Engaging the Future as Leaders and Congregations

by Grady D. King, D.Min

Most leaders and congregations know the term “normal” means the future will not be like the past. What it looks like in terms of people in the pew, programs, and mission is uncertain. The loss of regular attendees is a pandemic reality. Empty pews translate to anxiety. If we only talk about and yearn for the past, our future is already determined.

Some Ways Forward

Self-Awareness:  How we understand and cope with our own anxiety matters. Don’t misunderstand, anxiety is part of being human; it means we are alive. Yet chronic anxiety is debilitating and strangles our capacity to imagine and engage the future with hope. Chronic anxiety dissipates our energies and imagination for thoughtful ministry.

  • Take inventory of your own anxieties and how they are held in check and/or dictating your responses and decisions.  Ask those who know and care about you: What concerns you about me as a leader?” “What do I need to know that I am not seeing?”
  • Give yourself to spiritual formation habits.  Some of these include stillness, dwelling in the Word, and confession, individually and in groups. Also, praying the Psalms, journaling, and even deliberate breathing and meditation is formative.

Bigger Gospel: Do you know the gospel of Jesus Christ? The gospel is a way of life for the redemption of all things, now and for the future (Col 1.20).  Paring the gospel down to a plan of salvation focused only on forgiveness of sins to get to heaven is not big enough to transform lives now. It’s time to re-engage the gospel on its own terms.

  • Open your Bible. Consider the gospel Jesus proclaimed and embodied (Mk 1.14f).  What? Who? When? Where? Why? Then, factor in those big words for salvation by Paul and Peter (justification/righteousness, redemption, reconciliation, sanctification, etc.). All of which have loved God and neighbor implications. Followers of Jesus Christ are compelled to articulate their own life story and how the gospel intersects all of life.
    Most congregations are trying to do way too much to be effective. Church is community, not an event happening only on a Sunday morning.

Simplify Church: Granted, simple does not mean easy. Most congregations are trying to do way too much to be effective. Church is community, not an event happening only on a Sunday morning. The church gathered for Sunday worship matters, yet it cannot carry the fullness of connecting people for sharing life.  Intentional small groups with equipped leaders are indispensable to going forward.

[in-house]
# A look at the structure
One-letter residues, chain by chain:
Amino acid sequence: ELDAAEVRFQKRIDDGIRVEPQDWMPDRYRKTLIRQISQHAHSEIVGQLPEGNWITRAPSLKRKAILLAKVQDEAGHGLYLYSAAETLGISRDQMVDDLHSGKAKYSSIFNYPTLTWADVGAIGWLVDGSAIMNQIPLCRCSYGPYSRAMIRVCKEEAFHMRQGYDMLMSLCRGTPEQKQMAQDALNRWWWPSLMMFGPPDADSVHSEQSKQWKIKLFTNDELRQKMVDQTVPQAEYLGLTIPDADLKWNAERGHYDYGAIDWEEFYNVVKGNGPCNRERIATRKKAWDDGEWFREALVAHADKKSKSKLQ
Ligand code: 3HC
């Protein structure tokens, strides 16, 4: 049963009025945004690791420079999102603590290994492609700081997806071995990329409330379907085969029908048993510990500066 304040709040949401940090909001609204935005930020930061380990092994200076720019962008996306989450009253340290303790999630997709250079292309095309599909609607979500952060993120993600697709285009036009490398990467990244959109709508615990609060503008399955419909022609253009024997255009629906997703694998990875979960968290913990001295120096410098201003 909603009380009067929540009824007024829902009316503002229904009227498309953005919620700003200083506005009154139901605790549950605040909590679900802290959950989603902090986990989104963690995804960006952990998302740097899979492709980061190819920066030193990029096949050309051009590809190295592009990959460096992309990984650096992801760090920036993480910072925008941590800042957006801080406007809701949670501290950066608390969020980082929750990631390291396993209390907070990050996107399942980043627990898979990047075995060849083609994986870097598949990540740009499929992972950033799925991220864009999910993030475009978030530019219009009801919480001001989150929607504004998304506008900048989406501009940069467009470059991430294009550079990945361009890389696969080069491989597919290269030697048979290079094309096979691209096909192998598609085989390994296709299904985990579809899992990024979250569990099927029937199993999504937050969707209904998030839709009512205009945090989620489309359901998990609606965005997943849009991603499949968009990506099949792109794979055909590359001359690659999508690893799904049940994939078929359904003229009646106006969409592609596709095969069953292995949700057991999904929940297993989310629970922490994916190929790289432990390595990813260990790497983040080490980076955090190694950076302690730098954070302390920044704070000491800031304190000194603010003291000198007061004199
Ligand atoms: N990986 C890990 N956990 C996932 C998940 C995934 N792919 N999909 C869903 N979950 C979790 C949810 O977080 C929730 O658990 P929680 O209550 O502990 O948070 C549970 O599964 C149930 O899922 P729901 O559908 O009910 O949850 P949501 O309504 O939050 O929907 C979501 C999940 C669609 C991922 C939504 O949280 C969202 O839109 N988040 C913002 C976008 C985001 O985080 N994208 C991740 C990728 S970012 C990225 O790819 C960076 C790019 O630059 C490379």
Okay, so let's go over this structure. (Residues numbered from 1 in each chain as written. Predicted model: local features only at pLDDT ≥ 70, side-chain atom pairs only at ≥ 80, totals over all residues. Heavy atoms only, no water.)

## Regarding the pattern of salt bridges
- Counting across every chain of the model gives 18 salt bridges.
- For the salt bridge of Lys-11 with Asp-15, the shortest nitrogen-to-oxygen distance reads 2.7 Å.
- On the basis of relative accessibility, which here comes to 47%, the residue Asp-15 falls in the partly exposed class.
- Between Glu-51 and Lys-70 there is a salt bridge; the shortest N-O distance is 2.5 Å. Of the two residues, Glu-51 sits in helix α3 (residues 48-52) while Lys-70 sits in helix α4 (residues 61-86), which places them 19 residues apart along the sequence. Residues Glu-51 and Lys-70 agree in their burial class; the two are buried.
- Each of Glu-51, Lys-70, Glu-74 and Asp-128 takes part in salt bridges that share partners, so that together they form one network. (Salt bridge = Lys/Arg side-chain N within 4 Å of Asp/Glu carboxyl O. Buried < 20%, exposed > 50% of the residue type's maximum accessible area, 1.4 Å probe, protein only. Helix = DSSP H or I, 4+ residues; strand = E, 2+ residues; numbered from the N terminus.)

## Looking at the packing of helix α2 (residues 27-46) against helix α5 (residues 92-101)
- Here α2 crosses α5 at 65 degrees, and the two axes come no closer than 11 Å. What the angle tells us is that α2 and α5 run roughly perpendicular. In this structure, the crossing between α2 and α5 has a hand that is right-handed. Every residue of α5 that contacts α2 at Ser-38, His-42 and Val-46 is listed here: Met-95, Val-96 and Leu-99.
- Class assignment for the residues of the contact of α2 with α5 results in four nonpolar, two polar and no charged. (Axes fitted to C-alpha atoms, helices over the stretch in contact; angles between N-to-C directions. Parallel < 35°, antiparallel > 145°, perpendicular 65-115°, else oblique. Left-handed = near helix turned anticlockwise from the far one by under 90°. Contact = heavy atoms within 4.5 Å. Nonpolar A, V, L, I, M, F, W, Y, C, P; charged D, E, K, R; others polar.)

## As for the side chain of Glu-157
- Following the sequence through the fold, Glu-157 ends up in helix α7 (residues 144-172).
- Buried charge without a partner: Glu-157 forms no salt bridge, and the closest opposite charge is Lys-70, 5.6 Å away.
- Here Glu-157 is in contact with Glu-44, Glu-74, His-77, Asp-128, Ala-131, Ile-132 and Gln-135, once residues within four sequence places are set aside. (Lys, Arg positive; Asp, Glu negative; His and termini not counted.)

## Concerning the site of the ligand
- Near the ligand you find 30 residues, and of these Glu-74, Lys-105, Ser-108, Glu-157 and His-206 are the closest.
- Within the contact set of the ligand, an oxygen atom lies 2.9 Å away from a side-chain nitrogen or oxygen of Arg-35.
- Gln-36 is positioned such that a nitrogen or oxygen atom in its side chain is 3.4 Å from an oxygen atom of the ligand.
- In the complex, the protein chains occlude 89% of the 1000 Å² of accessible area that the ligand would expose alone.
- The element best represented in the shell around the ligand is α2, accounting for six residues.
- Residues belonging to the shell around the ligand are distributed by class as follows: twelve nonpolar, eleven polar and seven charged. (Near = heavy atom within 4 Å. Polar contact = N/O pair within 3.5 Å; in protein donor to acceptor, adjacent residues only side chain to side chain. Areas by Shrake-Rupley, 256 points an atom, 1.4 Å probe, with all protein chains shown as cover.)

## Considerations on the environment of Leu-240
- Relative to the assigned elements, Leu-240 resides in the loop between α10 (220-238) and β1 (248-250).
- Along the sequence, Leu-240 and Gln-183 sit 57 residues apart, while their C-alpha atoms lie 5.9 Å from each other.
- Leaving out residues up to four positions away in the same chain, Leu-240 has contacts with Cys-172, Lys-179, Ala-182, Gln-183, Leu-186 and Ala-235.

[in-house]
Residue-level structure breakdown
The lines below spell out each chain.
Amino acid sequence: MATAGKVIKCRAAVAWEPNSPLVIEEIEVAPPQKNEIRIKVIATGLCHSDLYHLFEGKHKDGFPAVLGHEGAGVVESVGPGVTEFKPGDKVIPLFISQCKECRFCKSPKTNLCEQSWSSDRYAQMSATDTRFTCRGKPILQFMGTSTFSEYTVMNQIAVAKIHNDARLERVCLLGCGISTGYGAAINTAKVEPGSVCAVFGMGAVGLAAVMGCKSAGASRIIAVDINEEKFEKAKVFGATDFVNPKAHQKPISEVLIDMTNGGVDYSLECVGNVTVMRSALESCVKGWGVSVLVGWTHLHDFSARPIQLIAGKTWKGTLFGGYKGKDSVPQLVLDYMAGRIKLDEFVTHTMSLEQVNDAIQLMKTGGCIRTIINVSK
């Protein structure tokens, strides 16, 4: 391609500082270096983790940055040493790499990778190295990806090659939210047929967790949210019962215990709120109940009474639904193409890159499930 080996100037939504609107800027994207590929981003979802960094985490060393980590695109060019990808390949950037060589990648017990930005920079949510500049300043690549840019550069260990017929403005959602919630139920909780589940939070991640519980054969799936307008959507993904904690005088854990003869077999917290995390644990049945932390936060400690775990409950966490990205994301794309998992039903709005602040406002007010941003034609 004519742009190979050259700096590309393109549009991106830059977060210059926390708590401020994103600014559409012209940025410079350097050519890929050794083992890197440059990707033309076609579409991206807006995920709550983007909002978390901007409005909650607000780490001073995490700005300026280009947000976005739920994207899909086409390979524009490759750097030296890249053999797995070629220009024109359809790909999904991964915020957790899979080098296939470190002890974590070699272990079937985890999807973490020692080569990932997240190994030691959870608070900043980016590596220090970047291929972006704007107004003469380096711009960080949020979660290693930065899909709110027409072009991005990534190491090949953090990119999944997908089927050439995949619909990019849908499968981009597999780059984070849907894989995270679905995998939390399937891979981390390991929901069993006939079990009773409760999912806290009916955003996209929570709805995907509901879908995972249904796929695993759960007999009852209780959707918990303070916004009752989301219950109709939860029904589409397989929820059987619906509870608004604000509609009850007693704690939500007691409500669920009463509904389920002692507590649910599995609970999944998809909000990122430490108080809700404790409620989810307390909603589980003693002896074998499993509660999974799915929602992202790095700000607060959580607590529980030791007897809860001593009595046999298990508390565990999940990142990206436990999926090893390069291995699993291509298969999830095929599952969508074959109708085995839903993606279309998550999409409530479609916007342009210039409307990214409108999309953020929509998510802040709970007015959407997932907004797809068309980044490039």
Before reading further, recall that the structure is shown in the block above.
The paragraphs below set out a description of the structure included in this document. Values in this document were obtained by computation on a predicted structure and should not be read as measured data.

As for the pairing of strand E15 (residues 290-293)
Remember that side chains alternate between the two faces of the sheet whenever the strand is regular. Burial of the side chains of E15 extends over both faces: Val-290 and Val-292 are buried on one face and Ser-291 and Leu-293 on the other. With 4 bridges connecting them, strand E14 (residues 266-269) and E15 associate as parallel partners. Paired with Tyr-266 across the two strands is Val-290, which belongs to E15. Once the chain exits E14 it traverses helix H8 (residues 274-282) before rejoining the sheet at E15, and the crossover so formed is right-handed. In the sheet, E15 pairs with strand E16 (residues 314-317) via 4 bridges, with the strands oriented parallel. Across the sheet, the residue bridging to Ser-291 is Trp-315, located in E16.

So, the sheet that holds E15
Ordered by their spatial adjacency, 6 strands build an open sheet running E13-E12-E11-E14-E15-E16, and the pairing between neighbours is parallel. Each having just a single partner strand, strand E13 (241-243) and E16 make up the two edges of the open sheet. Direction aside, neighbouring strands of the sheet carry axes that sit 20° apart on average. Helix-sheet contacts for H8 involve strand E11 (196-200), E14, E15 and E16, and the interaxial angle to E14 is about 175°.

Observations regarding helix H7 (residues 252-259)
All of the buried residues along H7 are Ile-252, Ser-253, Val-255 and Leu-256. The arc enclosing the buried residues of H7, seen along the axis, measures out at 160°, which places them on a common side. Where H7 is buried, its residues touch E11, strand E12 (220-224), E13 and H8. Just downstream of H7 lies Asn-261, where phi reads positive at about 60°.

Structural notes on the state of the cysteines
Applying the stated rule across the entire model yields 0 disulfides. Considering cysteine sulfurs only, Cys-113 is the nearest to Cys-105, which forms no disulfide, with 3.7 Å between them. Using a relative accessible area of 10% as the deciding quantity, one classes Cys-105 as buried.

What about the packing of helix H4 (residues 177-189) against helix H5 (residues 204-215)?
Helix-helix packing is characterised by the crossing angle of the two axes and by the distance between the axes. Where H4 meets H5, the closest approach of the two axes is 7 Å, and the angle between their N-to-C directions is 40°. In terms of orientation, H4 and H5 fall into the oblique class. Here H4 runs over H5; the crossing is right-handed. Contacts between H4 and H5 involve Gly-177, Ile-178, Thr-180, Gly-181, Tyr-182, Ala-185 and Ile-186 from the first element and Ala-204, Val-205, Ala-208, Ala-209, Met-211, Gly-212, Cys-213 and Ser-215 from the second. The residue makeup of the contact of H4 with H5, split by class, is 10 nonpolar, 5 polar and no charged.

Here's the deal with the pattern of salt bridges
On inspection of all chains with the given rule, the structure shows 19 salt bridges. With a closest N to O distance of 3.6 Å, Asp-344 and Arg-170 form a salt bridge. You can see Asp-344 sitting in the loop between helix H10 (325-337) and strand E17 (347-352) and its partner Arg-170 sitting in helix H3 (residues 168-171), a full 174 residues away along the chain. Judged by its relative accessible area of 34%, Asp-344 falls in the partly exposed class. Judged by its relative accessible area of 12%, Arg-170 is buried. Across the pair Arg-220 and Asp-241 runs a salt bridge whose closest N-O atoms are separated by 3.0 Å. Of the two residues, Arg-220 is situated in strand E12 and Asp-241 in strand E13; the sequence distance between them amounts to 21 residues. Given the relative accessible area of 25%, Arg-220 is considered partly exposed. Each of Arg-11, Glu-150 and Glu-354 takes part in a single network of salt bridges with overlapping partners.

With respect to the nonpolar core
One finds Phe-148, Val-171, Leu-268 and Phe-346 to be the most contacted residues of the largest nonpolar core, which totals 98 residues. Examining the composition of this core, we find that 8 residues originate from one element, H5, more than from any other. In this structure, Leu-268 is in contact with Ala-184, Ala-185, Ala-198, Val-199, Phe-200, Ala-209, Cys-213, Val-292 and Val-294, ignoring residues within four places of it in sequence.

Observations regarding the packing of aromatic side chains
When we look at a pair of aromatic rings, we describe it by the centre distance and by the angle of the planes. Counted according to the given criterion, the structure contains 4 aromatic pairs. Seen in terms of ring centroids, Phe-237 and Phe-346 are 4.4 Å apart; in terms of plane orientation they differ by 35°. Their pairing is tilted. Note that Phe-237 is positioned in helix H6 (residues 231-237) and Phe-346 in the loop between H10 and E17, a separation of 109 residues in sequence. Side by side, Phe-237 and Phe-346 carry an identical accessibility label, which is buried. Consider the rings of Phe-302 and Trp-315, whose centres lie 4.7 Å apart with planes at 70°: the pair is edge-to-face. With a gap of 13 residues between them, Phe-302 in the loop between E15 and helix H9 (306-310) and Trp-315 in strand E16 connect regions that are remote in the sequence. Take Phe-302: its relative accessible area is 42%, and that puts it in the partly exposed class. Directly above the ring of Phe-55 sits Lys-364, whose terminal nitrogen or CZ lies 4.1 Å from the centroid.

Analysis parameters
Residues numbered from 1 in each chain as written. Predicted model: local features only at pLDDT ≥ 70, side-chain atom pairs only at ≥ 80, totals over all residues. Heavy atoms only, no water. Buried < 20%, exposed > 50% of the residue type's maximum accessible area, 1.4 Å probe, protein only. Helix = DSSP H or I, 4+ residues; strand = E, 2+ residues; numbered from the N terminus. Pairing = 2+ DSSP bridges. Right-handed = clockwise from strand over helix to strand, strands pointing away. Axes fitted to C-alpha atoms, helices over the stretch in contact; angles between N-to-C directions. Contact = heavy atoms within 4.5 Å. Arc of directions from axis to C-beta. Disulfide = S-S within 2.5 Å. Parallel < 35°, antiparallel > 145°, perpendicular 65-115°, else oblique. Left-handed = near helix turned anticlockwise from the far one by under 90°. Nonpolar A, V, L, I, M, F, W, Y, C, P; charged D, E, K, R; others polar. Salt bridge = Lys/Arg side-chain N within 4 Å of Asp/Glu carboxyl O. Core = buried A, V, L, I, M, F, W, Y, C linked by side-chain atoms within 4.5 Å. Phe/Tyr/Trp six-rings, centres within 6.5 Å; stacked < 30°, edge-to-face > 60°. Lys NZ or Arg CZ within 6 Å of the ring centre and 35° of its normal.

• Make a list of every activity and ministry and then explore these questions. What is essential for being God’s people? What are two-three things we will focus on for spiritual health and growth in the next year?  How are people connecting in our congregation for sharing life and faith? How many groups/activities are externally focused? What do we need to say “Yes” and “No” to?  What price are we willing to pay?
  • Measure Engagement: We measure what is important to us. More than attendance, contribution, and baptisms, there is the need to consider engagement: in discipleship, intentional spiritual growth, meaningful connection, and ministry for the sake of others. People need simple structure and clear expectations.

Shepherding: Many elders can identify with Jesus— “When he saw the crowds, he had compassion on them, because they were harassed and helpless, like sheep without a shepherd”(Matt 9.36). This is an apt description of the church emerging from the pandemic cave. Not all sheep need the same attention; some sheep don’t want to be shepherded. And not all shepherds are equal in their desire and capacity to shepherd. Regardless, shepherding is part of an elder’s responsibility (1 Peter 5.1f). Elders, however, are overwhelmed by the need to shepherd.  The congregation can and should assist in shepherding (1 Thess 5. 12-21).